Potassium is an essential dietary mineral that plays an important role in muscle contraction. This includes the heart, nerves, acid-base balance, kidney function, and your digestion of carbohydrates.
If you don’t get enough potassium, you can develop high blood pressure, stroke, and other heart diseases. A dietary survey showed that daily intake in adult women was 2,300 milligrams (mg) and 2,100 mg for men.
In 2004, the Food and Nutrition Board of the Institute of Medicine published the daily adequate intake levels for potassium. It went like so:
Potassium is a mineral that is involved in both electrical and cellular functions in the body. (In the body it is classified as an electrolyte).
Potassium is a very important mineral to the human body. It has various roles in metabolism and body functions:
* It assists in the regulation of the acid-base balance and water balance in the blood and the body tissues.
* It assists in protein synthesis from amino acids and in carbohydrate metabolism.
* It is necessary for the building of muscle and for normal body growth.
* It is needed for the proper functioning of nerve cells, in the brain and throughout the body.
Potassium in Diet: Food Sources
Fish such as salmon, cod, flounder, and sardines are good sources of potassium. Various other meats also contain potassium.
Vegetables including broccoli, peas, lima beans, tomatoes, potatoes (especially their skins), and leafy green vegetables such as spinach, lettuce, and parsley contain potassium.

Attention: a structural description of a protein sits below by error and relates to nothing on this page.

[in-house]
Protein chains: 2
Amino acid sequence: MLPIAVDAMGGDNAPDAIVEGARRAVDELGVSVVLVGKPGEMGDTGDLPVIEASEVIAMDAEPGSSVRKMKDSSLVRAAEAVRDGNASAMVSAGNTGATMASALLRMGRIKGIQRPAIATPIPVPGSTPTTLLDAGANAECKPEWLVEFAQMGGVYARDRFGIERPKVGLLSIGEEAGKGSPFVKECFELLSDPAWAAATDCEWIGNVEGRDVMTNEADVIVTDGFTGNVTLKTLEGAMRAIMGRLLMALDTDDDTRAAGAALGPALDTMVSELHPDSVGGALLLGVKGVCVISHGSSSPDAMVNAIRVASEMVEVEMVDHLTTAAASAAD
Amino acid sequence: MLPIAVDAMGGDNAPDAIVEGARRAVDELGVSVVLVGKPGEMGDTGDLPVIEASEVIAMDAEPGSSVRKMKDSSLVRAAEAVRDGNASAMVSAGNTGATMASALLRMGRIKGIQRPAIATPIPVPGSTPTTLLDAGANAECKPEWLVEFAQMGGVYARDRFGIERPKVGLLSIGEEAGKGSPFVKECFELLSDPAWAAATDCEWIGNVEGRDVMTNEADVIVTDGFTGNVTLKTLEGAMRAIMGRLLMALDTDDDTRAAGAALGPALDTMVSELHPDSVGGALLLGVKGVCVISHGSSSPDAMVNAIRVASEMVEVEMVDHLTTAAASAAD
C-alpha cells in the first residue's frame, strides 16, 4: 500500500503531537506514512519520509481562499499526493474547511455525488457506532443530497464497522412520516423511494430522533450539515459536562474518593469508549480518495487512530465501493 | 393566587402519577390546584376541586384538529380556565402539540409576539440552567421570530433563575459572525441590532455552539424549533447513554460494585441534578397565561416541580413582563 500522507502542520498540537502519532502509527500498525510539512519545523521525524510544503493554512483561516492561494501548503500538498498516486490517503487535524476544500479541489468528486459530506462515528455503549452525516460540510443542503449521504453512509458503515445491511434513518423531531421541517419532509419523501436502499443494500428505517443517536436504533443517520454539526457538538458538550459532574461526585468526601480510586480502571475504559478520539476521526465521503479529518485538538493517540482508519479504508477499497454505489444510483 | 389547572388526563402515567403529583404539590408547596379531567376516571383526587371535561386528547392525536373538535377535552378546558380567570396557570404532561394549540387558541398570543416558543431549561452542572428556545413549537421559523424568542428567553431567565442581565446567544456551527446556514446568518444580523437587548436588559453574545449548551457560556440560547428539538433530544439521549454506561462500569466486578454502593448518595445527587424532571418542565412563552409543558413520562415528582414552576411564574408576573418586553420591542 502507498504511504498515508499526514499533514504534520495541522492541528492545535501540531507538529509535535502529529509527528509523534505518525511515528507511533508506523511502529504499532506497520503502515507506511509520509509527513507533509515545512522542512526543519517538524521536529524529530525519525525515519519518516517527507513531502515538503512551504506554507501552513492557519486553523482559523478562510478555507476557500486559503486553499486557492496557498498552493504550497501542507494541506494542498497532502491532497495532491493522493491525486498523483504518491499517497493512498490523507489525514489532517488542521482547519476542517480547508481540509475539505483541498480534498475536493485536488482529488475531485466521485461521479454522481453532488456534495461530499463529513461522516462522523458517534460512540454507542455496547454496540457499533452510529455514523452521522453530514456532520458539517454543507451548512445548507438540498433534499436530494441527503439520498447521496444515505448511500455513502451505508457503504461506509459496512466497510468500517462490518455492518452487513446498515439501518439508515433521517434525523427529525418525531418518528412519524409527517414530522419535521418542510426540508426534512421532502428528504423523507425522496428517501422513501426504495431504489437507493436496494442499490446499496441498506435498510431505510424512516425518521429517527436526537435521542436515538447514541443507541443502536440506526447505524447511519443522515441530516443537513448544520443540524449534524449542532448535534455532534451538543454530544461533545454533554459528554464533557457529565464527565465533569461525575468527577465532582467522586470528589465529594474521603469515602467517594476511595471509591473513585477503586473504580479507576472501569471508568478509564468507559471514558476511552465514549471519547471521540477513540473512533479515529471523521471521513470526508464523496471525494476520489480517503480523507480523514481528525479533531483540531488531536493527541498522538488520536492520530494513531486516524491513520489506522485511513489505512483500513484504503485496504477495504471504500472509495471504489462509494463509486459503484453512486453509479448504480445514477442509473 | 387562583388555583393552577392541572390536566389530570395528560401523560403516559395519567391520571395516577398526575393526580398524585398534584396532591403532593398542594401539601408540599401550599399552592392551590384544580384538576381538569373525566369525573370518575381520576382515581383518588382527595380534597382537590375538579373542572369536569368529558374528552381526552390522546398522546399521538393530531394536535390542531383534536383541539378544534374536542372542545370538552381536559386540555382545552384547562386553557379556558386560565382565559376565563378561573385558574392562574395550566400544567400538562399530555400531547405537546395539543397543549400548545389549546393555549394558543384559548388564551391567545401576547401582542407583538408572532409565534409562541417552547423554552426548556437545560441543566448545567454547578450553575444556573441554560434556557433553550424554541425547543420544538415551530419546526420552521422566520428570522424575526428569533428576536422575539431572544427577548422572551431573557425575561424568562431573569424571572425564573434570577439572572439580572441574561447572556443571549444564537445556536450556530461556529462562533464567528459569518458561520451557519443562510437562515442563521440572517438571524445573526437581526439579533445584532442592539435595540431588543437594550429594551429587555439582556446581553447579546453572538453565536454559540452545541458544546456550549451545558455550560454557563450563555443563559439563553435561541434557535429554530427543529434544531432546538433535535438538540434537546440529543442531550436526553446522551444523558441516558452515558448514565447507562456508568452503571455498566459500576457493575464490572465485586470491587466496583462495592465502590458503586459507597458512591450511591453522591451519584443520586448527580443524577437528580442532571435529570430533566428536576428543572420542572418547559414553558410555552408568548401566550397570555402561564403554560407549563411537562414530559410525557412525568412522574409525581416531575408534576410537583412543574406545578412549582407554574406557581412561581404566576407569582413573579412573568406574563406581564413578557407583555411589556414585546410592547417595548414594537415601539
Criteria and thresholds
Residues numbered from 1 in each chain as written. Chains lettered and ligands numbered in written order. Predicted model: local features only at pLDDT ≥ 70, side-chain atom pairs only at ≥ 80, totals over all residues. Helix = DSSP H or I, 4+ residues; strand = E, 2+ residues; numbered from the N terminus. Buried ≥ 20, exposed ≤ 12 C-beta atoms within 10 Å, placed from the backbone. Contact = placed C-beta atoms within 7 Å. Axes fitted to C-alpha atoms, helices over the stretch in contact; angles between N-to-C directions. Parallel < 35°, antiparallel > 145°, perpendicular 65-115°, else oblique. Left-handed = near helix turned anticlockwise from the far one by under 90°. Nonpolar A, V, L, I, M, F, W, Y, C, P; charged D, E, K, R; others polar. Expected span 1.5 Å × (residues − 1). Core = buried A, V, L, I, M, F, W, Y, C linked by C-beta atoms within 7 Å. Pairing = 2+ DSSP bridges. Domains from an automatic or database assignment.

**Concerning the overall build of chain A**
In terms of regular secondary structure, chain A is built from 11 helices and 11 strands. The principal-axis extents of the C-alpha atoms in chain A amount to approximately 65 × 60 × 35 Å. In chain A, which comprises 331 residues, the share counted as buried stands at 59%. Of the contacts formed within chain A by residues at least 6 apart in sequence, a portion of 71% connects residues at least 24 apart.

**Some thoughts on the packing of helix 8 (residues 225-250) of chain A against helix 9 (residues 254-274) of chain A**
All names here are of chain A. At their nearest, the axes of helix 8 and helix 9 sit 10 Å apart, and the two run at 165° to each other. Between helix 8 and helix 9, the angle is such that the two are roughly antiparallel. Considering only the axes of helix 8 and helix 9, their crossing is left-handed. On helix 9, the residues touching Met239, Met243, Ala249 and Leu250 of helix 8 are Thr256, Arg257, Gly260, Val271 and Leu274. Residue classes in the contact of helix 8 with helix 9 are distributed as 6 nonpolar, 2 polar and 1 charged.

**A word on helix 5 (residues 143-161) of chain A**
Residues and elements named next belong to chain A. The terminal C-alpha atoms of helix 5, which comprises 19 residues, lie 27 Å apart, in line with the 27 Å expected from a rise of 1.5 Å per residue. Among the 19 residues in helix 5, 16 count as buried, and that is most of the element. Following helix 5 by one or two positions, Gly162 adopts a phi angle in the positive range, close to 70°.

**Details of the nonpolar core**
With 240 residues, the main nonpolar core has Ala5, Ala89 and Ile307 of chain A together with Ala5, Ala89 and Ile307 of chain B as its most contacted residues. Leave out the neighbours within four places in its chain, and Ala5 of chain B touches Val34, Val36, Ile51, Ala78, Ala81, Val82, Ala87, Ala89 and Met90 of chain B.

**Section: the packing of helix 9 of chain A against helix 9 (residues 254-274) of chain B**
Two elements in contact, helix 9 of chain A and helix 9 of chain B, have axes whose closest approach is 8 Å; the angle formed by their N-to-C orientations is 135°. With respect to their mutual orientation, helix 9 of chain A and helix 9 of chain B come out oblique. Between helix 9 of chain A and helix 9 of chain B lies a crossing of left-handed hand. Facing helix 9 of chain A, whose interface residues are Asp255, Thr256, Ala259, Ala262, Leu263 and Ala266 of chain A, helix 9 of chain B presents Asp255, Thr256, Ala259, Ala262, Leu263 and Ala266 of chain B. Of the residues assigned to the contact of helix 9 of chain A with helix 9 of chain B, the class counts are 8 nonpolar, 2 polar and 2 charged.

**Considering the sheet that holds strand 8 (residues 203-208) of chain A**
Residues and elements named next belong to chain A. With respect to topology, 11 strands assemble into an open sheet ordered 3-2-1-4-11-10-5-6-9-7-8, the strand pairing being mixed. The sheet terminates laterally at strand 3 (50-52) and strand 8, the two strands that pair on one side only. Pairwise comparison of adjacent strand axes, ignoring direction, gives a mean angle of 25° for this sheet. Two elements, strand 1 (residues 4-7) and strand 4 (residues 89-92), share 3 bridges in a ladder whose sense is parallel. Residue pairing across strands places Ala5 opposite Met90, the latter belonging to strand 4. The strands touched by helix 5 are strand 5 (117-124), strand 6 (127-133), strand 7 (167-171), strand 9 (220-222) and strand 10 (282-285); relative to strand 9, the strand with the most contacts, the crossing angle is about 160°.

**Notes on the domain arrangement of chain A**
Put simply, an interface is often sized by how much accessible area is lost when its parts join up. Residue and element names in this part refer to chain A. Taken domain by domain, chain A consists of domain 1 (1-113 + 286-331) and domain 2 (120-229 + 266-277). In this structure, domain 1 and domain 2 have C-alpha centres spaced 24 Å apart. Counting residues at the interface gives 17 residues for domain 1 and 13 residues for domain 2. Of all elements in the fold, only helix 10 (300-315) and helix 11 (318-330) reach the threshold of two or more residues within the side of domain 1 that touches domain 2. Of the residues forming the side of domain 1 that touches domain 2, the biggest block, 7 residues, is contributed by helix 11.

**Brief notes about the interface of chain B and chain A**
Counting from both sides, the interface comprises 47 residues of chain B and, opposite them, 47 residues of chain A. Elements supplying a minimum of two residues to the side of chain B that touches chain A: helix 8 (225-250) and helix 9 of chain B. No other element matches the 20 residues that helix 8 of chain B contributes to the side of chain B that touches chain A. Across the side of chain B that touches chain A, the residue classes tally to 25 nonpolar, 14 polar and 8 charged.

Fruits that contain significant sources of potassium are citrus fruits, apples, bananas, and apricots. Dried apricots contain more potassium than fresh apricots.
Potassium in Diet: Recommendations
There is no recommended daily allowance for potassium, although experts recommend approximately 2 to 2.5 grams per day. The average American diet provides 2 to 6 grams of potassium per day.
Over-the-counter potassium supplements provide 99 milligrams of potassium per tablet. Potassium supplementation should never be taken without the approval of your GE E-Care health care provider.
Potassium in Diet: Side Effects
A deficiency of potassium (hypokalemia) can occur in people with chronic disease or as a result of the aging process. The most common problems associated with reduced potassium levels are hypertension, congestive heart failure, cardiac arrhythmias, depression, and fatigue. A variety of conditions can cause the loss of potassium from the body. The most common of these conditions are vomiting, diarrhea, and other gastrointestinal problems.
Hypokalemia can also be caused when too much water is taken in too quickly in conjunction with heavy perspiration — for example, in an overzealous attempt to prevent dehydration during sports. This can affect marathon runners and other serious athletes.
Renal disease (such as acute renal failure) and diabetes, depending on the stage of either, can also cause fluctuations in the levels of potassium. Additionally, many medications can cause depletion of potassium. Examples include diuretics, cortisone, prolonged use of aspirin, and laxatives.
The most common symptom of potassium depletion is fatigue. Other symptoms of potassium deficiency include slow reflexes, muscle weakness, and dry skin. A quick loss of potassium could lead to cardiac arrhythmias.
Severe potassium deficiency symptoms include decreased heart rate, extreme muscle weakness, bone fragility and, if untreated, death. A low level of potassium can be determined with a blood test and can be treated with potassium supplements.
Increased levels of potassium in the blood is known as hyperkalemia. Some common causes of this are reduced renal (kidney) function, an abnormal breakdown of protein, and severe infection. If there is no pathological cause for increased potassium levels, the kidneys are able to handle a large amount of potassium, and prevent the blood levels from increasing.